The Statue of Liberty, Newark Airport, Coney Island — do you know what these sites look like from above? Jeffrey Milstein does.
This uber-talented photographer/author/pilot/architect fills his Instagram feed with incredible aerial photography. And while you might think that he uses a drone to grab these shots, you’d be wrong. As often as he can, Jeffrey takes to the skies via plane or helicopter, with his camera at the ready.
We quizzed him about his aerial photography methods in a short email interview. This is what he had to say.
How and why did you begin taking aerial photographs?
When I was about seven years old, I read a book about a boy who took a ride in a biplane with a barnstormer. From then on, I dreamed about flying — I still remember that book vividly. Growing up, I constantly built and flew model planes and read airplane magazines. I learned to fly at 17 and started taking aerial pictures around the same time.
What is it like when you’re up in the air with your camera?
It’s very fun. I often get lost in the moment. The helicopter door or plane window is wide open and it’s kind of dream-like, especially at night.
What does your photographic process look like? Do you plan your images in any way before you shoot?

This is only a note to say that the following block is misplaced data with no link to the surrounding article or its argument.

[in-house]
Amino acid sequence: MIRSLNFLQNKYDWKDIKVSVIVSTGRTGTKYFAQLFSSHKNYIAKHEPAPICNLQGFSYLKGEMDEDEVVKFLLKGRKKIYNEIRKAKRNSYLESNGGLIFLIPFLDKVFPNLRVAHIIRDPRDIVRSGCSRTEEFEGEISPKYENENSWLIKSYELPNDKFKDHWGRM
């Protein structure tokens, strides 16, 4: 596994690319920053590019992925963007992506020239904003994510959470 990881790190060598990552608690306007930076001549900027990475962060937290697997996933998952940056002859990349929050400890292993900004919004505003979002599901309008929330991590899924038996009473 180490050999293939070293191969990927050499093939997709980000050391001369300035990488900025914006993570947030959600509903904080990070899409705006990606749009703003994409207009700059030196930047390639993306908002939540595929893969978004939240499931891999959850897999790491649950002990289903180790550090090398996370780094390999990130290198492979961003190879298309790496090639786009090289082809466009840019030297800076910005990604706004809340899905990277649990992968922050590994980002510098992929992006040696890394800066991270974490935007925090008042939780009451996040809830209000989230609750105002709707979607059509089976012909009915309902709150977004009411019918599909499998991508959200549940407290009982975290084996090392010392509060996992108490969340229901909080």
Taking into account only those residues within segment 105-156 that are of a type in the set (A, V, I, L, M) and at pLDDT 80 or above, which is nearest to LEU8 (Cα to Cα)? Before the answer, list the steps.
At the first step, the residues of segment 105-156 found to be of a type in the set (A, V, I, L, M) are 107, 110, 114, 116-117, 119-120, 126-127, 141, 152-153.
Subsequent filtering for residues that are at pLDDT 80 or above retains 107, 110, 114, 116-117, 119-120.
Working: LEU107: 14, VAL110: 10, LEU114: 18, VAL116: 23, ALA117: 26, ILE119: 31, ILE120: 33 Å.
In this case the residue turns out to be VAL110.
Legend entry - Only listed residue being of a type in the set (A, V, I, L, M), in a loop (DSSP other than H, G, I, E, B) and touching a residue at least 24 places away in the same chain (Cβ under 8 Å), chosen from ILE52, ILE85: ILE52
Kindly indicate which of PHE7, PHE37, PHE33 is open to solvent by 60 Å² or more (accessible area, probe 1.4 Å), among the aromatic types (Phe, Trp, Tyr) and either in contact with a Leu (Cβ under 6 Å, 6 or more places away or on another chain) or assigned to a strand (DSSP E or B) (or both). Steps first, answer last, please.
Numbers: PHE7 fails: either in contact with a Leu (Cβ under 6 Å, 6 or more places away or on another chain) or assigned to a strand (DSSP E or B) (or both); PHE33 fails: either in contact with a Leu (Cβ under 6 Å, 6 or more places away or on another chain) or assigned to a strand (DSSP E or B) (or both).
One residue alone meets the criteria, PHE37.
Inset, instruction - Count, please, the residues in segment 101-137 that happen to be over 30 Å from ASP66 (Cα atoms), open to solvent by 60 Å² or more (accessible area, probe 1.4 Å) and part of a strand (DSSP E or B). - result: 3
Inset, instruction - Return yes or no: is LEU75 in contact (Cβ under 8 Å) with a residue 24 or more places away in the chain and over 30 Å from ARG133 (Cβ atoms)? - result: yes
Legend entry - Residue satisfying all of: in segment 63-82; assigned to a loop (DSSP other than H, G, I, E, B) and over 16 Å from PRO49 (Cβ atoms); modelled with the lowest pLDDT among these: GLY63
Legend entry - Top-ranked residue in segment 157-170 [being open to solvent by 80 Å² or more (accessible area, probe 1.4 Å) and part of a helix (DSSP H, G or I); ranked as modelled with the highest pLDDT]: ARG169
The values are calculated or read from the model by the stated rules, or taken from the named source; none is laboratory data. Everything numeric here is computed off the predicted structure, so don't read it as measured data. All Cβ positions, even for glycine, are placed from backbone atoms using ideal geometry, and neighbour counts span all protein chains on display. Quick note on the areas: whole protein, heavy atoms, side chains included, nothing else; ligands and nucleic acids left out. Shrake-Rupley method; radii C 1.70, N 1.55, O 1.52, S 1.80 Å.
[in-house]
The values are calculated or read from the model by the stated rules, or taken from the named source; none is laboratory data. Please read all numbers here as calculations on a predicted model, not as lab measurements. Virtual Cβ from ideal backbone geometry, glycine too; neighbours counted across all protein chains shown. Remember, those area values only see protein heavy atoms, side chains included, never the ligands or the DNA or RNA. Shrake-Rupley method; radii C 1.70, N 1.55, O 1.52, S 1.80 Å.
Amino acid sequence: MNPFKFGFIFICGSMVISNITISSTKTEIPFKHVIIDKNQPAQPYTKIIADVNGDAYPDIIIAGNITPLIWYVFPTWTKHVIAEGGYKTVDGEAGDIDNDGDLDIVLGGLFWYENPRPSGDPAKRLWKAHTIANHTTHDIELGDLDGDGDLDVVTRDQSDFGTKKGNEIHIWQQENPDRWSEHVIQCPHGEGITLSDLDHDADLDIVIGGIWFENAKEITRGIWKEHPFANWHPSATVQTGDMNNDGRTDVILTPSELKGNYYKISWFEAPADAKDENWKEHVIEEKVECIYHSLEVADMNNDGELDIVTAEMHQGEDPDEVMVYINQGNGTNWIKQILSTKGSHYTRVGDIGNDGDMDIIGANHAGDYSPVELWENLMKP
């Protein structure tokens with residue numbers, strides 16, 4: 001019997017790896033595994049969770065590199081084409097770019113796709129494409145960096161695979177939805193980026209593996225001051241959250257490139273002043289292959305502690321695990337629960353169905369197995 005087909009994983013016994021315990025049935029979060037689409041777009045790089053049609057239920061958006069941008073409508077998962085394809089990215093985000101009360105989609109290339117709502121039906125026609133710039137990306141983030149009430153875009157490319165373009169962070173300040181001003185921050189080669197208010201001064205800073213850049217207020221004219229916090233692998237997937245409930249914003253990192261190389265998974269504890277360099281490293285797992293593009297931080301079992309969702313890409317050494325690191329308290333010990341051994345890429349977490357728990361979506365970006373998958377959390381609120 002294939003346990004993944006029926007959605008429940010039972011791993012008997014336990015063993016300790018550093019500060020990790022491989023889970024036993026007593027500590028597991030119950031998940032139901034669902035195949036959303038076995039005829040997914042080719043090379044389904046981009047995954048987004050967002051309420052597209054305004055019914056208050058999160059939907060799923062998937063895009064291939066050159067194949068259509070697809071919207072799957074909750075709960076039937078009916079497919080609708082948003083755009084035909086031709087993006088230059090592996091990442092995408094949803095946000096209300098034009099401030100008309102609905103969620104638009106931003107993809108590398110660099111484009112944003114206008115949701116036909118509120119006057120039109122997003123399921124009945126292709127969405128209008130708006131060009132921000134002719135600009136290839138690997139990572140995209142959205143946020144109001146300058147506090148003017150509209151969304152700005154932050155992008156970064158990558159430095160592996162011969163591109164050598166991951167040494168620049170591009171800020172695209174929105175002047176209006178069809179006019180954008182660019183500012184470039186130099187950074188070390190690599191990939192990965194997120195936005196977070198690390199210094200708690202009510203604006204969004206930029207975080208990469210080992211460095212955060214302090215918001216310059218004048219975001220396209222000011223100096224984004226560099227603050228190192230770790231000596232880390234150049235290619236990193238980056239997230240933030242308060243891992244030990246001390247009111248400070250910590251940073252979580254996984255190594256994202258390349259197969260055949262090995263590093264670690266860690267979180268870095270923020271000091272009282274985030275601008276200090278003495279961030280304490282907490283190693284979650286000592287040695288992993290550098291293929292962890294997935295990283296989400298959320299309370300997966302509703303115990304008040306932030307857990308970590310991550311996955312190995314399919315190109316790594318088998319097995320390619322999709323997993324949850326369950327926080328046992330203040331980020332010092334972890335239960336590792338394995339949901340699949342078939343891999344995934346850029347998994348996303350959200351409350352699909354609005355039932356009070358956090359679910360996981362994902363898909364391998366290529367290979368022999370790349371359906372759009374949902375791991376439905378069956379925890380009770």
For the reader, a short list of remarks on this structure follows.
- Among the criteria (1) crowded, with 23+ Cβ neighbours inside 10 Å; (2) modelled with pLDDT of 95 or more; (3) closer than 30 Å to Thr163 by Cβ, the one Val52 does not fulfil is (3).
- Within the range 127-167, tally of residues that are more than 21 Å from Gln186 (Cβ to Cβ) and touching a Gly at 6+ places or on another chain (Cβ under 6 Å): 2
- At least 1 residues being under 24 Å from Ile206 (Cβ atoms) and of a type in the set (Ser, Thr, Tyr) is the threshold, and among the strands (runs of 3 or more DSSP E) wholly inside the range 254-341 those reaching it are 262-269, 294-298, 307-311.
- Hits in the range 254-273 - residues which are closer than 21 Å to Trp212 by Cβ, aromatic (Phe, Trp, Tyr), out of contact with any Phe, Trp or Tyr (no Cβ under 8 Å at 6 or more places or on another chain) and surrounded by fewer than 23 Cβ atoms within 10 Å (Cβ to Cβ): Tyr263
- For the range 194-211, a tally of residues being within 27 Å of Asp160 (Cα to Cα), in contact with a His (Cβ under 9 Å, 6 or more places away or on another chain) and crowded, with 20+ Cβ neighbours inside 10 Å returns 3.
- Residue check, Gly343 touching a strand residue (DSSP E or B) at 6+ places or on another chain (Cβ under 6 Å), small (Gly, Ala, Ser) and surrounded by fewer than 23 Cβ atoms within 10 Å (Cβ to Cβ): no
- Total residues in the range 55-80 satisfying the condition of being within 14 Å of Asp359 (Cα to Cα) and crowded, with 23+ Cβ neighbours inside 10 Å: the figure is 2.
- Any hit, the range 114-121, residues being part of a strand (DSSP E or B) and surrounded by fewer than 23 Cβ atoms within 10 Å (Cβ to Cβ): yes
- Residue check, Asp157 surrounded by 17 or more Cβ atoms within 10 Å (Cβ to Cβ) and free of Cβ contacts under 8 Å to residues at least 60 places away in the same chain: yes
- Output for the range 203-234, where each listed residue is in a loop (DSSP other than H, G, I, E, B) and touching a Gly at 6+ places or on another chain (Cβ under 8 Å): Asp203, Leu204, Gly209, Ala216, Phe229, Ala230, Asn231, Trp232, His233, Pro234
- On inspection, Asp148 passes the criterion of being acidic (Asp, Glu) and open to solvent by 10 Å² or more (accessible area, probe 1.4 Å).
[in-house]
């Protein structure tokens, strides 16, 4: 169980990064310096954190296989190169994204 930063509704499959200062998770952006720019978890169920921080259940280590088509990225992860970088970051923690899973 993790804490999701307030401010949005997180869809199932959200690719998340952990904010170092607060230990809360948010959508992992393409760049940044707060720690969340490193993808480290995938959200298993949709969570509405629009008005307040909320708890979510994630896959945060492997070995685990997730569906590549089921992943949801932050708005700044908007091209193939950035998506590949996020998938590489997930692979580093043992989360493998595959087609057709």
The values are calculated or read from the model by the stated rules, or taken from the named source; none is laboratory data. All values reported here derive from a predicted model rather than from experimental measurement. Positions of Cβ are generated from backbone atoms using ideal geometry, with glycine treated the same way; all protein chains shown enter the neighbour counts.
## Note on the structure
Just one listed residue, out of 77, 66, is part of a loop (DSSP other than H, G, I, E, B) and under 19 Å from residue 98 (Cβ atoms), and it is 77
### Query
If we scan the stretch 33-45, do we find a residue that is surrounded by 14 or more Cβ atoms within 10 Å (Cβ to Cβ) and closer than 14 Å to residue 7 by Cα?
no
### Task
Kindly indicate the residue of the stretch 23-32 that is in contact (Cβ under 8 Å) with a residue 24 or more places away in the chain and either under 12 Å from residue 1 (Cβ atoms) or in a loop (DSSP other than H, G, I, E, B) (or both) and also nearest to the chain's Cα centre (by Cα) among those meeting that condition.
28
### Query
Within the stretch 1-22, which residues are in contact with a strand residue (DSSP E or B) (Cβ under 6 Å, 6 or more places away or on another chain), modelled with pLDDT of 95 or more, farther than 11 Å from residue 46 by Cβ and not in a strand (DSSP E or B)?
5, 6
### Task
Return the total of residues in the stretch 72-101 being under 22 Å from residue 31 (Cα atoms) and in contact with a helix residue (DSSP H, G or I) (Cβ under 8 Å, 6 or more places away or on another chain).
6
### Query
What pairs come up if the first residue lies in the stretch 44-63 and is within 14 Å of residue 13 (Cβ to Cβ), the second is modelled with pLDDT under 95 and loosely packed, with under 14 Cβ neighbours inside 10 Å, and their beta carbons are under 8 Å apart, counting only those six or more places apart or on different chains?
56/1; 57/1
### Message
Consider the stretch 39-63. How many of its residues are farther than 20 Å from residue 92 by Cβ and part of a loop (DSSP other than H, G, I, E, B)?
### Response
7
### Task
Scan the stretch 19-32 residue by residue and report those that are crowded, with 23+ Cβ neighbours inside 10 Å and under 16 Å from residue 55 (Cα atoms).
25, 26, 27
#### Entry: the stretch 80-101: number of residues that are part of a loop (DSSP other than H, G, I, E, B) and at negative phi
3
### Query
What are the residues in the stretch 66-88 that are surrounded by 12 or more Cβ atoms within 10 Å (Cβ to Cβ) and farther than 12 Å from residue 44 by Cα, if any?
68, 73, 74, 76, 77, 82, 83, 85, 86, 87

I make a plan before I go, but it always changes when I discover new sights while up in the air.
What are some of the difficulties associated with aerial photography?
Planning, adjusting to the weather, getting the helicopter lined up (with permission), dealing with vibration, wind, lighting — the list goes on. The best lighting is the last rays of sunlight at the end of the day, but you only get a short window so you have to work fast to capture your subjects.
What are some of your favorite subjects to photograph from the air?
Buildings and cities, for sure. I like capturing the architecture of public spaces, museums, parks, and amusement parks — plus anything to do with industry and transportation, like airports, container ports, refineries, bridges — basically, anything within the man-made landscape.
What has aerial photography taught you about the world, and creativity in general?
I’m not sure. It’s like traveling over a map of the city. You get a greater sense of order in space, and of the relationships between structure and the geography of the land. You can even see things like income inequality in the location and design of housing. You can discover things you wouldn’t be able to from the ground, like how the Park La Brea housing is laid out geometrically based on Masonic ideals.
Why do you think viewers are so intrigued by aerial images? What about them is so special?
It’s a privileged view. Who wouldn’t want to fly around like a bird looking at anything and everything down below? I think it’s about the content of the image, but also the form in general. My art training and architecture background leads me to create images in a more traditional sense — ones that utilize order, balance, symmetry, and framing. I think we’re so bombarded with digital images today that people really respond to my kind of classical images.
To see more of Jeffrey’s photography, follow him on Instagram. Or, check out his latest exhibition, entitled “Leaning Out,” which is on display at the Benrubi Gallery in New York City until March 17, 2018.